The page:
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D.C. has a fantasy that the world stops at Washington’s command. The U.S. is ahead in a handful of high-tech fields, but fewer and fewer. My research shows that about 90% of the purchases from the U.S. can be replaced within months from other parts of the world. Update 5/22. British company ARM blocked Huawei from using Arm designs for future 5G & AI chips. This could be a major problem. Update 6/17 Huawei and China are well on the way to replacing Android, ARM, and RF chips. The only thing that’s biting is the Google blockade, costing tens of billions in phone sales.
For example, Huawei buys memory chips from Micron in the U.S. It could buy similar chips from SK Hynix in Korea, Toshiba in Japan, and imminently Yangtze Memory in China. Many of the most important parts already come from Asia, including screens for mobile phones.
The hardest to replace will be RF for phones, advanced optics, FPGA’s, and chip design software. Here are some details and possible solutions.
Jeanne Whalen was kind enough to include me in her article. (Might have paywall)
“Unlike ZTE, Huawei makes some of its own semiconductor chips, and Huawei can tap alternative, non-U.S. suppliers for some parts and technology, analysts said. “There are very few [parts] they can’t just buy from Japan or Korea or France today,” said Dave Burstein, a telecom analyst for STL Partners who recently began publishing Huawei Report & News.
Huawei also has about $38 billion in cash and short-term securities it can tap to weather the storm, Burstein noted. And recent quarterly earnings reports from some U.S. tech firms have suggested that Huawei may have been stockpiling parts before the White House ban, in anticipation of a possible blockade, Burstein said.”
In a few minutes I’ll post “90% of Huawei U.S. purchases can be rapidly replaced,” after I fix a few things. It has the explanation and backup for what I say here.
Huawei on Dec 31, 2018 had cash and cash equivalents of CNY184.1 billion. It also had other short term investments of CNY81.8 billion. That is about US$38 billion. Ren has been preparing for war for a decade.
Huawei has about US$10 billion in debt, much of it not due until 2022 or later.
For much more about Huawei finances, check the 2018 annual report.
“Many years ago, when everything was going smoothly, the company made ultimate survival assumption that one day we might have no access to any advanced chips and technology from U.S
“We have courage, wisdom and tenacity to conquer and prevail in the end! Storms ahead is the time we show our true heroic nature, no matter what, we can build our own Noah’s Ark”.Continue reading
Can Huawei use U.S. parts for 90 days for equipment in place in Europe? News reports suggest the 90-day exemption only applies to U.S. rural carriers. But the plain language of the announcement does not say it is only U.S. carriers and mentions “foreign carriers.”
Based on the official announcement, it appears Huawei can order parts for European customers as well. IANAL. I would suggest any U.S. company selling to Huawei check with a good attorney.
Trade enforcementFOR IMMEDIATE RELEASEMonday, May 20, 2019
Department of Commerce Issues Limited Exemptions on Huawei ProductsContinue reading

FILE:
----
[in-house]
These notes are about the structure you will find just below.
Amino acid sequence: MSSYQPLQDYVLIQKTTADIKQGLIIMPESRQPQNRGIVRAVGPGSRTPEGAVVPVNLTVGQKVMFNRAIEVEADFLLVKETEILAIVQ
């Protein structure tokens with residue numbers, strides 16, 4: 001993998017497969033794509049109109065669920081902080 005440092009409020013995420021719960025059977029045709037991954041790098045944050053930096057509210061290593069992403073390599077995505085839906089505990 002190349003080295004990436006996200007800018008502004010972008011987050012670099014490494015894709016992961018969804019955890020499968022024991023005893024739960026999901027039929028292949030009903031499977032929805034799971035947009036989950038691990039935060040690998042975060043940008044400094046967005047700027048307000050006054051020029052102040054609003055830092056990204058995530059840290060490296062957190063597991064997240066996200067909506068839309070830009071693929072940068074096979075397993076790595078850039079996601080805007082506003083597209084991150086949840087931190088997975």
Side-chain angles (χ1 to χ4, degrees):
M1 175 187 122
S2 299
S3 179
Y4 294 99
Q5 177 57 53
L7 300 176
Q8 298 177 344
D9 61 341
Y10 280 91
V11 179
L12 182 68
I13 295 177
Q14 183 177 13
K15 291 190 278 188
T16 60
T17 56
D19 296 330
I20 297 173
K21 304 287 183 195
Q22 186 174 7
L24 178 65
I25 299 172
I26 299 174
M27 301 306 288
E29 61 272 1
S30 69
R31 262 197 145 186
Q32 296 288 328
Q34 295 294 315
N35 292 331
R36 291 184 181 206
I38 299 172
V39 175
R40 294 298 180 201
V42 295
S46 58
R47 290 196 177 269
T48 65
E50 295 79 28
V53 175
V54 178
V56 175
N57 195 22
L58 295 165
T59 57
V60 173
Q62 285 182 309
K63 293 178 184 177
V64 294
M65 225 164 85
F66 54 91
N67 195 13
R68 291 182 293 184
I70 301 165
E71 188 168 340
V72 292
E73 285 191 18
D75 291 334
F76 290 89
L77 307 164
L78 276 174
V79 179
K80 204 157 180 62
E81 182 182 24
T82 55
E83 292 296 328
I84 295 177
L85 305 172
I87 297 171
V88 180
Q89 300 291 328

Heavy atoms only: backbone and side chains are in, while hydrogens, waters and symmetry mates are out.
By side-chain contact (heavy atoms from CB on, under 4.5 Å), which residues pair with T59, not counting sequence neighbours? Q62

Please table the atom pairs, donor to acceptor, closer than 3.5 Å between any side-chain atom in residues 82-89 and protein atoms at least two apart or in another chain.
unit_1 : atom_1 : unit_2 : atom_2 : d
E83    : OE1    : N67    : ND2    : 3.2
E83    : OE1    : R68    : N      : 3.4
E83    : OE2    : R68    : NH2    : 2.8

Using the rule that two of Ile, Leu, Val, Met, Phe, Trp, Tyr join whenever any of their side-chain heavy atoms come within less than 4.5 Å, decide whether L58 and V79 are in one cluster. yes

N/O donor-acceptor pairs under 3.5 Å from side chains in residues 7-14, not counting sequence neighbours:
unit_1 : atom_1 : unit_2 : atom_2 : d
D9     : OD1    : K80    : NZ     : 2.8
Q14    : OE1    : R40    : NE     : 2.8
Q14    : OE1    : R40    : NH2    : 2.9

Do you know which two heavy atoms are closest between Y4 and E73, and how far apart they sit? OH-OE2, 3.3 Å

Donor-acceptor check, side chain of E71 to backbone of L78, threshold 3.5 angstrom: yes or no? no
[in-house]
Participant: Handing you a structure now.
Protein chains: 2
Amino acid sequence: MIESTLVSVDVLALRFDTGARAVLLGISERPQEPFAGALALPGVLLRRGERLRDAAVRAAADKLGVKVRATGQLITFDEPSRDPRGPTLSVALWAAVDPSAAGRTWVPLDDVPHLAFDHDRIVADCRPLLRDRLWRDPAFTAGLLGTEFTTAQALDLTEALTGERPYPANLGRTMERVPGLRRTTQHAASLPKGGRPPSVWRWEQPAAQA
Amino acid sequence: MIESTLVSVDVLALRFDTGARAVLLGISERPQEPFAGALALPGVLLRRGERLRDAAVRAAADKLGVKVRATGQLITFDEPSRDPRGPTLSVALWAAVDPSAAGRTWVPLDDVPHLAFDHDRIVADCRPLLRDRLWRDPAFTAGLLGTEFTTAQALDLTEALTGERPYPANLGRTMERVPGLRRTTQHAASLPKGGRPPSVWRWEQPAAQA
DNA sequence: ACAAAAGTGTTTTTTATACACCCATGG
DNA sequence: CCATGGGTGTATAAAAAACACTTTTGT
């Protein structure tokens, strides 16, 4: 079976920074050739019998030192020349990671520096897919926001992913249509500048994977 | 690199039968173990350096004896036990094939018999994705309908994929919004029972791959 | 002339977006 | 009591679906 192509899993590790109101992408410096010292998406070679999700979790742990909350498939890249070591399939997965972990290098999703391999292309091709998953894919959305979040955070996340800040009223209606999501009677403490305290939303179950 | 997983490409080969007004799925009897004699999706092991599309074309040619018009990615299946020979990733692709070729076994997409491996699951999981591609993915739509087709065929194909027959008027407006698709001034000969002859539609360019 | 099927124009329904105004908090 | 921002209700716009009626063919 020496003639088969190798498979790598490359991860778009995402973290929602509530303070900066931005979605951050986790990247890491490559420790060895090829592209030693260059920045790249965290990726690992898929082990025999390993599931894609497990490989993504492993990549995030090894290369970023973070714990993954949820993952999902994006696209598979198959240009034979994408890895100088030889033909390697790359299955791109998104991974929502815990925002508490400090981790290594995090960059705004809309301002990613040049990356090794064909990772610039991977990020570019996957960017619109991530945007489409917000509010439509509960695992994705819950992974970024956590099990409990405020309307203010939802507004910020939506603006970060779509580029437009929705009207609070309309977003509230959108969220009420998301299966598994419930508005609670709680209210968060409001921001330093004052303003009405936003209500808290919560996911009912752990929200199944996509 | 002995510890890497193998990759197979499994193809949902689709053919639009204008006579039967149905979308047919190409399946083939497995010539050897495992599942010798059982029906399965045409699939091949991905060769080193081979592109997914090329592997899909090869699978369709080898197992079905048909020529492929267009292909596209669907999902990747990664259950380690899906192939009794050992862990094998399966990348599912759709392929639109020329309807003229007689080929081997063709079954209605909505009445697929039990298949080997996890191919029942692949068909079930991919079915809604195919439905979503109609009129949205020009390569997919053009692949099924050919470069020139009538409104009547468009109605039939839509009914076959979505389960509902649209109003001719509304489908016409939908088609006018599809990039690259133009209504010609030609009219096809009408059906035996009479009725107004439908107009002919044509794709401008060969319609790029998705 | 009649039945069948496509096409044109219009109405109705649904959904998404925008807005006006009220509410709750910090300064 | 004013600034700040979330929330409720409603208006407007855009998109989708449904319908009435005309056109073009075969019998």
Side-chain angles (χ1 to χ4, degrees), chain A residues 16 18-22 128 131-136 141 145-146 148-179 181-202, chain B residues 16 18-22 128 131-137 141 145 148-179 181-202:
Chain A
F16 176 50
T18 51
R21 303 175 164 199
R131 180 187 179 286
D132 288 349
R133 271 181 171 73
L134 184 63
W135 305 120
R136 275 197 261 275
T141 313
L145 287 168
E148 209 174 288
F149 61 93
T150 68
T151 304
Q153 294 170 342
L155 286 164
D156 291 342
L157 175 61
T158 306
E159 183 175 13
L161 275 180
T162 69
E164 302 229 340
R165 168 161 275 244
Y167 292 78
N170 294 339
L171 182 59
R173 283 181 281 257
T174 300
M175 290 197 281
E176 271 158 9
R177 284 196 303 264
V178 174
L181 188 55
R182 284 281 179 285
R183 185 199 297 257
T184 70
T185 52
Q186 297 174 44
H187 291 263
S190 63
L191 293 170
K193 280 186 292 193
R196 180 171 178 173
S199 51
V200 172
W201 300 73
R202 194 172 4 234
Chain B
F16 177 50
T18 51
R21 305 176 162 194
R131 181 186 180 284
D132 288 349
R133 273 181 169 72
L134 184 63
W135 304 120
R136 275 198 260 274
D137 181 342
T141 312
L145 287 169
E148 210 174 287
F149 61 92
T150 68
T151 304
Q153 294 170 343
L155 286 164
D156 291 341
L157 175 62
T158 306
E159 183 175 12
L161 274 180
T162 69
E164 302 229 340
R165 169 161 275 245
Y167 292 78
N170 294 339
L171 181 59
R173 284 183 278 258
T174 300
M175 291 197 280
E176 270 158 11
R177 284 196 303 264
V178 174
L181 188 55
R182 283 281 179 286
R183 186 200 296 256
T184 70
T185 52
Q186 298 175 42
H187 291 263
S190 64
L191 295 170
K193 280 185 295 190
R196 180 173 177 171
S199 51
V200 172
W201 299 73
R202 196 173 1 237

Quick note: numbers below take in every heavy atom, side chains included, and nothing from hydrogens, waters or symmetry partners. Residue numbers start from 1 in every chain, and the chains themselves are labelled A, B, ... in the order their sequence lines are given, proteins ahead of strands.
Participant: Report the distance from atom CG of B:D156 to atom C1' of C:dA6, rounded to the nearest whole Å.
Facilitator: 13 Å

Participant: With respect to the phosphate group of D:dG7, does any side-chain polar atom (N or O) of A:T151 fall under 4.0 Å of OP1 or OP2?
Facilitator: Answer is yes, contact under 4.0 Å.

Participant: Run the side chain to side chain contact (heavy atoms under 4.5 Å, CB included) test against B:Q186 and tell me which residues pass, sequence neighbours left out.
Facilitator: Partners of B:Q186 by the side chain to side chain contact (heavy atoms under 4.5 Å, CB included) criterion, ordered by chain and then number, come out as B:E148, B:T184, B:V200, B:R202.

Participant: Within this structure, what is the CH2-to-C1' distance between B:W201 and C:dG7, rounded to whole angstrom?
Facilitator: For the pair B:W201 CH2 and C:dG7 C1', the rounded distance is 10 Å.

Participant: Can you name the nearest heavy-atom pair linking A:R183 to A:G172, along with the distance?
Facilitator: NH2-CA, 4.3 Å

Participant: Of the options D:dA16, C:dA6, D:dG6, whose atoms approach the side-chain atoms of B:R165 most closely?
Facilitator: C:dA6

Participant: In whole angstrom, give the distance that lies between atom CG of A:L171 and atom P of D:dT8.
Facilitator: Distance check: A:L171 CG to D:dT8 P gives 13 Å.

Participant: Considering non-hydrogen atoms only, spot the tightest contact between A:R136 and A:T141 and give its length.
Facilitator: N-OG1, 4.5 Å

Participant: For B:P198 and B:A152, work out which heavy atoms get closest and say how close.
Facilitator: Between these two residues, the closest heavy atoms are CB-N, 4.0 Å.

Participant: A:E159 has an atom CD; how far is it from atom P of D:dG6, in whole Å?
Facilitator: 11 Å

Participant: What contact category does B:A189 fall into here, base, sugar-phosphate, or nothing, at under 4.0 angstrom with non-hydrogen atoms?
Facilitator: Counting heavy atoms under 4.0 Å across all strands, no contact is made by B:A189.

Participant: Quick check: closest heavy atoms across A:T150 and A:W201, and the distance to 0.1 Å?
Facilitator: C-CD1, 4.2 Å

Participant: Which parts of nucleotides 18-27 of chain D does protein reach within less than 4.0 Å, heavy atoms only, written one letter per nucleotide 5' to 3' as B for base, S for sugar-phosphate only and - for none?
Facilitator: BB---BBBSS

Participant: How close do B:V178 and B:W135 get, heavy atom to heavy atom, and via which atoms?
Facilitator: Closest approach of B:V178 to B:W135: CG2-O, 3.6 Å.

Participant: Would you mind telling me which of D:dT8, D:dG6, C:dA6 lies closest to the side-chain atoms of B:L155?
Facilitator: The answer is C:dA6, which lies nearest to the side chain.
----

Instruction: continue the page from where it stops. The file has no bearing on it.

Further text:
Christopher Balding and Donald Clarke have published a paper with interesting details of Huawei’s ownership. They confirm that the profits not reinvested are distributed among the employees.
“The Huawei operating company is 100% owned by a holding company, which is in turn approximately 1% owned by Huawei founder Ren Zhengfei and 99% owned by an entity called a “trade union committee” for the holding company. … What have been called “employee shares” in “Huawei” are in fact at most contractual interests in a profit-sharing scheme. “Continue reading
Intel, Apple’s preferred supplier, has missed important delivery milestones on
Huawei is now the largest chip designer in China, with sales in the billions. It is actively selling some chips, such as high end TV processors, to others. As far as I know, Huawei hasn’t offered any 5G chips.Continue reading
One of the most information-packed events of 2019 will be April 16-18 in Shenzen. Huawei will bring two dozen of their top executives first for presentations and after for questions from some of the best analysts in the world. While other companies avoid tough questions, Huawei does its best to answer almost everything. Of
Huawei got almost unbelievable support from the Western press when it was attacked by the U.S. One reason is that the U.S. never provided any evidence, leading many to infer the U.S. had no substantial facts. A second reason is that those who have worked with Huawei – I’ve reported about Huawei since
Huawei several years ago made the strategic decision to be open and transparent in a way almost none of the Internet giants are.Continue reading
HiSilicon revenue in 2018 was US$7.6 billion, growing rapidly. Digitimes expects it will soon pass struggling MediaTek. Chipmakers with massive plants (Samsung) have large sales volume, but HiSilicon is #1 in design-only fabless vendors.
90% of HiSilicon’s chips go to Huawei but it is branching out. The AI and Network Processors are natural for a high-end TV, like the pictured 8K Sharp. (Huawei is releasing a TV line as well, with sales projected at 10,00,000.)Continue reading
Trump has lost his war against Huawei, as most engineers predicted. Britain, Germany, India and even Australia are not banning Huawei, although they’ve imposed some restrictions. (NYT)
Huawei sales are not just up, but increasing far above forecast. Some may be customers stocking up to avoid shutdowns, but most